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A Phoenix-based advisor with over 15 years in the industry sought to expunge the only customer dispute on his records — a claim of unsuitability regarding a 2011 recommendation that had been settled for about $45K in 2016. He hired AdvisorLaw to bring the matter through FINRA Dispute Resolution.
The advisor inherited accounts belonging to a couple from their previous advisor at the end of 2009. The customers sought growth and income with moderate risk tolerance and already had a portfolio of investments in place. Over the next couple of years, the advisor met with the couple to review their portfolio, and they authorized all trading that took place therein.
In April 2011, in order to maximize the portfolio’s flexibility and gain cost-effective exposure to stocks, bonds, mutual funds, and ETFs, the advisor recommended moving the couple’s account to the firm’s advisory-based brokerage platform. The advisor explained all of the details to the couple and reviewed the asset advisor agreement with them. They established the account, completing and signing all subscription and disclosure documents, after reviewing all of the written materials.
The advisor then spoke regularly with the couple about their portfolio’s performance over the next few months. When market volatility caused the value of their advisory account to decline around August 2011, the couple ceased all communication with the advisor. Then, in February 2012, they lodged a claim of unsuitability. The firm settled with the couple as a business decision and did not require a contribution from the advisor.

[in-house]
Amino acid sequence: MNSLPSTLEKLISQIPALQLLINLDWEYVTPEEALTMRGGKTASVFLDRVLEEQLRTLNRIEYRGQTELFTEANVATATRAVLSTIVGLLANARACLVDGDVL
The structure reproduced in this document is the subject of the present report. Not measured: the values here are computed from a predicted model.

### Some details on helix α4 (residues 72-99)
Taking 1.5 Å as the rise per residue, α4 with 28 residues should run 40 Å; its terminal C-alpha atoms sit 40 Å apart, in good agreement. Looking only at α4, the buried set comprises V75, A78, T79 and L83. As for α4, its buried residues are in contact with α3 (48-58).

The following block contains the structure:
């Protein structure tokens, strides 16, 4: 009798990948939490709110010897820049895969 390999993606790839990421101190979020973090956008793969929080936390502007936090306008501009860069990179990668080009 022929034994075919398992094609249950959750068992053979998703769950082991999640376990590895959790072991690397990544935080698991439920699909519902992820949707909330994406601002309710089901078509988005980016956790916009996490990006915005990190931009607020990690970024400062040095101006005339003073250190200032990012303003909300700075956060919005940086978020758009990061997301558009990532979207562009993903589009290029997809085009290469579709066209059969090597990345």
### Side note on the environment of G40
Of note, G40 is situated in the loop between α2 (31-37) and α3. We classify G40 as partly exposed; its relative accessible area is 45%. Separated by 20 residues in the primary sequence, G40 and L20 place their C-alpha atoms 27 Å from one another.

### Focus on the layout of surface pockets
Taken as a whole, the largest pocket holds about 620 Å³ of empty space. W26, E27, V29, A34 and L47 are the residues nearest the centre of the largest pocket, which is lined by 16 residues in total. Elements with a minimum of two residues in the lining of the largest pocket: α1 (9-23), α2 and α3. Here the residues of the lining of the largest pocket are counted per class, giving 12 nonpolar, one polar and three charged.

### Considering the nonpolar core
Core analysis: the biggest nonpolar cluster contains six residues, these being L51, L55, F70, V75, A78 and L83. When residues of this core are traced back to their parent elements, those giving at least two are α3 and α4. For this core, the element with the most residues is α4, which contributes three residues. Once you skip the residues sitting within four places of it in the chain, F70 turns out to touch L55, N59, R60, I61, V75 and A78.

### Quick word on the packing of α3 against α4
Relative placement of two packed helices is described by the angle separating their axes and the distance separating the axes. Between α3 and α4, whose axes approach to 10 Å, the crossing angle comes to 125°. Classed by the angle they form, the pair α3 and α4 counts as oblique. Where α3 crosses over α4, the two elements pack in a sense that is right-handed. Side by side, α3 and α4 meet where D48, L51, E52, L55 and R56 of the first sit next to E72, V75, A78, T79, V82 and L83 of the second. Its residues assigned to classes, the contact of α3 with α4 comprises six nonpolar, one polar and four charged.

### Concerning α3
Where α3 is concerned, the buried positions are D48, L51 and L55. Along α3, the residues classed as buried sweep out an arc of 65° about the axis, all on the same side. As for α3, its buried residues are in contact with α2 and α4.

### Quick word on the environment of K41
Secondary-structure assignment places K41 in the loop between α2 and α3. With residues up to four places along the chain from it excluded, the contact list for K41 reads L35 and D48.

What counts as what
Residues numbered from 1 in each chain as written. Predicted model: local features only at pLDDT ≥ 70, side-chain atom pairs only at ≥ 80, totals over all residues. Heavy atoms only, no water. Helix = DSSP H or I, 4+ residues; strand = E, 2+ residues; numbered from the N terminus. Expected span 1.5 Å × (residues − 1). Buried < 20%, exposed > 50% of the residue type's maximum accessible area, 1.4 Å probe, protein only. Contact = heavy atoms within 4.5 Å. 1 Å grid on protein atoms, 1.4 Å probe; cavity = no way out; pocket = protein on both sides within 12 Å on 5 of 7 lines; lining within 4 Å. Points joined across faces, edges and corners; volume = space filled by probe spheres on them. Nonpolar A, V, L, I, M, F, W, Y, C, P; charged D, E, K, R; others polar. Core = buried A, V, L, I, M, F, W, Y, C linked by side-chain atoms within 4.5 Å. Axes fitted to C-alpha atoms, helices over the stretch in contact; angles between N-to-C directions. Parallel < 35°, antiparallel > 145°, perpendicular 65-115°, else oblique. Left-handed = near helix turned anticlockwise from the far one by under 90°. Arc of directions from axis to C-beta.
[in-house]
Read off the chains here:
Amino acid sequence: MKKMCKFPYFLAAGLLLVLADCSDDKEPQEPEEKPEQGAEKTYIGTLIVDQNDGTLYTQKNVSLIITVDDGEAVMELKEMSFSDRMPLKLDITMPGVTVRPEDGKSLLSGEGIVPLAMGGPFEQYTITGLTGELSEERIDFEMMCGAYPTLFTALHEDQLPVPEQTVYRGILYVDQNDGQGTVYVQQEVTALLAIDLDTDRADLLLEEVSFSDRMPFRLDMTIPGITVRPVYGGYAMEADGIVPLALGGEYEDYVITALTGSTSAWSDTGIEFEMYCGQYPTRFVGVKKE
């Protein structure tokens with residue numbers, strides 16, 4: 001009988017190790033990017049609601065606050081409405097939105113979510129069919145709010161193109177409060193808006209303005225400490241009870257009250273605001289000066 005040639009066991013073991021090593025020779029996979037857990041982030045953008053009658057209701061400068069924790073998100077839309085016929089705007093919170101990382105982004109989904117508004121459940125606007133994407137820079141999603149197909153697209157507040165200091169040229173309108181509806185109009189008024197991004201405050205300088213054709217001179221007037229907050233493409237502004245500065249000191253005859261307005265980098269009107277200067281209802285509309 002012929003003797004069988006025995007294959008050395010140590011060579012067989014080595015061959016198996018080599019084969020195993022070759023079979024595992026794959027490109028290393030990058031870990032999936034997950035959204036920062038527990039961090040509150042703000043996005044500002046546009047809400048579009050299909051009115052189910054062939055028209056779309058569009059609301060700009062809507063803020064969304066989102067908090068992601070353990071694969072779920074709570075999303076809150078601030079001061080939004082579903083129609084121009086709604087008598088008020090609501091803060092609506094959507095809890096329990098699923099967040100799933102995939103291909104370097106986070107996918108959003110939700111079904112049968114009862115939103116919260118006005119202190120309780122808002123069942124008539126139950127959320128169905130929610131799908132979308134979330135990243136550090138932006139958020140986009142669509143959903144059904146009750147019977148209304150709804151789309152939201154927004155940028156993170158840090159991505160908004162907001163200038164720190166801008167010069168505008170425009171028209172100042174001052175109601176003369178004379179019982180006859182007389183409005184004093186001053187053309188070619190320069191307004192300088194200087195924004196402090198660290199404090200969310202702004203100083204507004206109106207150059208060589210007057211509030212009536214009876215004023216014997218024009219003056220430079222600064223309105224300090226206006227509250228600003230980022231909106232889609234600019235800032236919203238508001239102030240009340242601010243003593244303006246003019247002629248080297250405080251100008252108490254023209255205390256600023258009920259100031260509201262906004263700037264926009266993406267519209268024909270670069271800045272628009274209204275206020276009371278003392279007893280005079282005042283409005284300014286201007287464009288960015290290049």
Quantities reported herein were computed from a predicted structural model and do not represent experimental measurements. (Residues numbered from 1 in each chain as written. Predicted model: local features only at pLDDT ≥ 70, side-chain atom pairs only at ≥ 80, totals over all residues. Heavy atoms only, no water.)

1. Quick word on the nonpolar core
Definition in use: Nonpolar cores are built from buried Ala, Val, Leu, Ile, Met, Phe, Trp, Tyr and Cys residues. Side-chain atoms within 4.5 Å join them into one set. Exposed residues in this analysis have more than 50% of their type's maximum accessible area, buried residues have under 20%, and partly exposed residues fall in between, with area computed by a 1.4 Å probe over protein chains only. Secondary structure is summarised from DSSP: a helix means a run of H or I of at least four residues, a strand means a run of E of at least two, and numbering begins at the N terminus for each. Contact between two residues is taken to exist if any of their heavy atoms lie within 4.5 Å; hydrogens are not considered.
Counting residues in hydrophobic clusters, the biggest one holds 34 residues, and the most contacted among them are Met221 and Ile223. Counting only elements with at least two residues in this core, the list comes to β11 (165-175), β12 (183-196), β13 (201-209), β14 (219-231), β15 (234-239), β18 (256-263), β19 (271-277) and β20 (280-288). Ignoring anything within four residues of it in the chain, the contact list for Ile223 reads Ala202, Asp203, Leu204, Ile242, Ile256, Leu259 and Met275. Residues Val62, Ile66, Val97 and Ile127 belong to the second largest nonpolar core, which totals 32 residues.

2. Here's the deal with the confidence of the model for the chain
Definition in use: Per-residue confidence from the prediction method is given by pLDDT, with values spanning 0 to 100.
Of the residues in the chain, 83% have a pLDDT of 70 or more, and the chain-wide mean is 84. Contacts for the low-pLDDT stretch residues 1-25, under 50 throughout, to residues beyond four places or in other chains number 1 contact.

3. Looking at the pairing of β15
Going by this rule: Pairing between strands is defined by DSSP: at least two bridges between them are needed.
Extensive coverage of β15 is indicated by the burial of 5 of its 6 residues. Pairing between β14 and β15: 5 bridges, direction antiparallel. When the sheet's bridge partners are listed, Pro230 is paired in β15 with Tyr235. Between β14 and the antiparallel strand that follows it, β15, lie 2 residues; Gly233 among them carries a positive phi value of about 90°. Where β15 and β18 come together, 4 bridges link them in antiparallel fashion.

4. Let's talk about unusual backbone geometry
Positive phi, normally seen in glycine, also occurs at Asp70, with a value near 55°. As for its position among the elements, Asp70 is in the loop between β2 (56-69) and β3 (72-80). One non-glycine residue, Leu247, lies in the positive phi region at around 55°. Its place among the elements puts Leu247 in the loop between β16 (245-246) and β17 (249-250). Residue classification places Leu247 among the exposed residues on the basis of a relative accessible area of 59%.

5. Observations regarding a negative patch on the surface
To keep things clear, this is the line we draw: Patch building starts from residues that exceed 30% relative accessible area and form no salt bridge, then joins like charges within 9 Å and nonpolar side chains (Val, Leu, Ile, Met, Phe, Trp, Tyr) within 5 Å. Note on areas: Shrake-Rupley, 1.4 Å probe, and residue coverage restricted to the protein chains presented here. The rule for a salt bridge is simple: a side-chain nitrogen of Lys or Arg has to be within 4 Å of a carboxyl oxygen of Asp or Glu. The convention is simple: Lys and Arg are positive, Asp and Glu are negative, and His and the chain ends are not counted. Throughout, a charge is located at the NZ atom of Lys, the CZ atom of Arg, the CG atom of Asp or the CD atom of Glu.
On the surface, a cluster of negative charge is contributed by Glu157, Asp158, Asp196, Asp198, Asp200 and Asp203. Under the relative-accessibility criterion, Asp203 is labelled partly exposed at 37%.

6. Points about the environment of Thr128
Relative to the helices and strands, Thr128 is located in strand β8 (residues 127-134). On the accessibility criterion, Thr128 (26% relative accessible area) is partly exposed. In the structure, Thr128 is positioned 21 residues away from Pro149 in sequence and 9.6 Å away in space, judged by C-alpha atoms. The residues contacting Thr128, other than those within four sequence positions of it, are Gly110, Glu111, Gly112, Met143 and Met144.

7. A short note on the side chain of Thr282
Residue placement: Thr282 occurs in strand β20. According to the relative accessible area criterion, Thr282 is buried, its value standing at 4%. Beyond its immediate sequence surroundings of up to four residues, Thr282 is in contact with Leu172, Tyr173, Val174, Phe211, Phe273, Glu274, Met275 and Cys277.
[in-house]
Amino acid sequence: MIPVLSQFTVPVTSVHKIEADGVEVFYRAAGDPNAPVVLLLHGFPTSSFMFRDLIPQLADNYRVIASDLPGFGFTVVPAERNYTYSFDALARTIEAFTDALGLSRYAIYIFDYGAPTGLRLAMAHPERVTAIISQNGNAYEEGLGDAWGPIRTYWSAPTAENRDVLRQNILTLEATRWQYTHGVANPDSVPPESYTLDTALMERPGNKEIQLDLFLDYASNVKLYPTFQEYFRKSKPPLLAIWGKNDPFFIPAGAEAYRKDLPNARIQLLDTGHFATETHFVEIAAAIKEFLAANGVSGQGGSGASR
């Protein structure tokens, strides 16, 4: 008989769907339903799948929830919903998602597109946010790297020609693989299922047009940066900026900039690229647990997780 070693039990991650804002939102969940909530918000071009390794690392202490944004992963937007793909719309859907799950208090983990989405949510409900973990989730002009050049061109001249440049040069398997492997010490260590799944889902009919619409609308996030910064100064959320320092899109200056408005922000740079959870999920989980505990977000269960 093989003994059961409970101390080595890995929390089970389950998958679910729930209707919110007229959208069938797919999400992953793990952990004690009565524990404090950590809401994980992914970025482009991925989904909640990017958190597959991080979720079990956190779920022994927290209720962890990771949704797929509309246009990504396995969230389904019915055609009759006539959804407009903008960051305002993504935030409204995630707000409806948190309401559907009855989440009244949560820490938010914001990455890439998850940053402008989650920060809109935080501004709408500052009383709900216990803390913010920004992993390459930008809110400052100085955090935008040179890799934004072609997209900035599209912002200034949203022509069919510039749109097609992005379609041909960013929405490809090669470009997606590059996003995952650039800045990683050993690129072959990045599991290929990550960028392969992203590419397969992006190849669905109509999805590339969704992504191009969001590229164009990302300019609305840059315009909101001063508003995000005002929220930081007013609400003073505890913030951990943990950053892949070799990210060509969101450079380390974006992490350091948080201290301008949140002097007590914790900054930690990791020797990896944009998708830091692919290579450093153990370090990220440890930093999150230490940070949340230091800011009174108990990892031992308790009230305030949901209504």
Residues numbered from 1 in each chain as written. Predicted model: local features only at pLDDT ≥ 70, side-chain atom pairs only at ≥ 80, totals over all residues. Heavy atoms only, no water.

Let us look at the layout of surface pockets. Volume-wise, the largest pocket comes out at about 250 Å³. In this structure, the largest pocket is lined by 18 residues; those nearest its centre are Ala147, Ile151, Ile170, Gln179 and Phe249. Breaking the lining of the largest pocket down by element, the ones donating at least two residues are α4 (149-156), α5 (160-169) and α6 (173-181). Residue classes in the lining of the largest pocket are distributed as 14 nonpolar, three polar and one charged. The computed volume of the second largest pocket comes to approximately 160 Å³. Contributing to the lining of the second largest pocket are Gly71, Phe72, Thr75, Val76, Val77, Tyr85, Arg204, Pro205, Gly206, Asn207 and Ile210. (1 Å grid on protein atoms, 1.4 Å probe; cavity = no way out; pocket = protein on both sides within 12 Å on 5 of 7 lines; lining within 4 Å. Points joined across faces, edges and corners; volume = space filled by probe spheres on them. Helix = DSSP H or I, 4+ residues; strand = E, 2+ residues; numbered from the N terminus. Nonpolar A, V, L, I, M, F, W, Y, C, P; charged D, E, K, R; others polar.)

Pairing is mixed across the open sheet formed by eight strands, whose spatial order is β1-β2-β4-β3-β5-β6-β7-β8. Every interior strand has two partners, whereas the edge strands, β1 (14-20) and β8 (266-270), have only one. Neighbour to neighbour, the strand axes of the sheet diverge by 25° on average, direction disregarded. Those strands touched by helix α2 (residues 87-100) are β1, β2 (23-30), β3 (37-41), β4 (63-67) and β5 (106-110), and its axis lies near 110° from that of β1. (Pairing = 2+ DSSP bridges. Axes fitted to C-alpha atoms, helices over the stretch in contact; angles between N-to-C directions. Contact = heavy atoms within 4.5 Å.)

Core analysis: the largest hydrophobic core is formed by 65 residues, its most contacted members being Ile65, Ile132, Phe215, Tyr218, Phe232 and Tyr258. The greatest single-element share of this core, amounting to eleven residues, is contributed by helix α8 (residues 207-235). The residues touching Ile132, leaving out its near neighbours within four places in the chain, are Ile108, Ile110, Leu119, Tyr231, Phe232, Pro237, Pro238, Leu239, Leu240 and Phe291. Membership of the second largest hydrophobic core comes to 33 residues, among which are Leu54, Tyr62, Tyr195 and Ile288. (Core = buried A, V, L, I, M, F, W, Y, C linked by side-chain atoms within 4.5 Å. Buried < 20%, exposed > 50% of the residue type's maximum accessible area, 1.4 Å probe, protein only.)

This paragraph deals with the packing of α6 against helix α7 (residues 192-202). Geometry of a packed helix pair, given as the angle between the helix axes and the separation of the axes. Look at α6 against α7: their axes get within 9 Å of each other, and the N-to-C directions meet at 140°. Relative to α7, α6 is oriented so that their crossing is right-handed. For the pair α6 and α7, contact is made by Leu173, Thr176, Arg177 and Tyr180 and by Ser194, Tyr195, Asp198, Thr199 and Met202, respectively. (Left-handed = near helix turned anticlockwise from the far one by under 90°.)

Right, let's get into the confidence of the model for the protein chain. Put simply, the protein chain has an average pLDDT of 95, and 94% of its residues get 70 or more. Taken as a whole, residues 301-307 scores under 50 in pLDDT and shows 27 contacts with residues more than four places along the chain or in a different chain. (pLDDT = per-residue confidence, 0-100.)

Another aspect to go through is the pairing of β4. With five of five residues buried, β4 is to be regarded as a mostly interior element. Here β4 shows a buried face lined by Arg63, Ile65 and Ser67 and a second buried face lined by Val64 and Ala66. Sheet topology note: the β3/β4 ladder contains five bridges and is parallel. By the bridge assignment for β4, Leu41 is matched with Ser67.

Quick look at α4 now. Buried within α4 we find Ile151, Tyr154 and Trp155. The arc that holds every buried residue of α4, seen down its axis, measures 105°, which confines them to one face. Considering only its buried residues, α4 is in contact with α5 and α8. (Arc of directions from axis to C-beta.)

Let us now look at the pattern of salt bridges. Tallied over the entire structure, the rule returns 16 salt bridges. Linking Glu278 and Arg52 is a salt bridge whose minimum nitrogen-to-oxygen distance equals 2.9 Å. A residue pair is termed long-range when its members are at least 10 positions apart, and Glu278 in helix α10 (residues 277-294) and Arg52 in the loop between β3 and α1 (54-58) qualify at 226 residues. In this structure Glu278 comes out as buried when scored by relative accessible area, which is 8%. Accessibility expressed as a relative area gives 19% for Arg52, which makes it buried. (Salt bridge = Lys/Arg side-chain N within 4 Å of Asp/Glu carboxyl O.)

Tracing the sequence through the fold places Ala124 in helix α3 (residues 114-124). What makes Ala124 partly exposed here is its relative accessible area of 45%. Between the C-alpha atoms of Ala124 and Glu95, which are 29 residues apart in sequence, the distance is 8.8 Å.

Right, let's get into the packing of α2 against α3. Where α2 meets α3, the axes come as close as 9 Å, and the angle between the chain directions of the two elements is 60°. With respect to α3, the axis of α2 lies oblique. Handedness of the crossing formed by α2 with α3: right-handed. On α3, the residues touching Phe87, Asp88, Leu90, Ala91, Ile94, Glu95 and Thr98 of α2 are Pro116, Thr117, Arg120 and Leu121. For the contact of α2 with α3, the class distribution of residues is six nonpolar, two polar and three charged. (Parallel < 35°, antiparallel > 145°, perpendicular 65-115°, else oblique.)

The customers did not participate in the expungement hearing, and the firm did not oppose expungement. The FINRA Arbitrator listened to the facts presented by Harris Freedman, J.D. and Dochtor Kennedy, MBA, J.D., and the advisor’s testimony. He reviewed the documents submitted, as well.
The Arbitrator determined that the customers’ “goals, objectives, and risk tolerance were ascertained after meetings with [the advisor].” He saw that “[t]he investments were diverse and suitable for these goals,” and that, “[a]fter only eight to ten months, the Customers complained as the investments went down in value due to market conditions.” Pointing out that “the Customers had signed off on the agreement and indicated that they understood the risks inherent in these investments, which met their moderate growth objective,” the Arbitrator found the claims made by the couple to be false and recommended expungement.
In the near future, the advisor will have a public record with zero customer dispute disclosures, thanks to the help of AdvisorLaw.
If you’d like to learn more about AdvisorLaw’s FINRA Disclosure Expungement services, please fill out the contact form below. Our consultations are complimentary, and our services were created exclusively for financial advisors.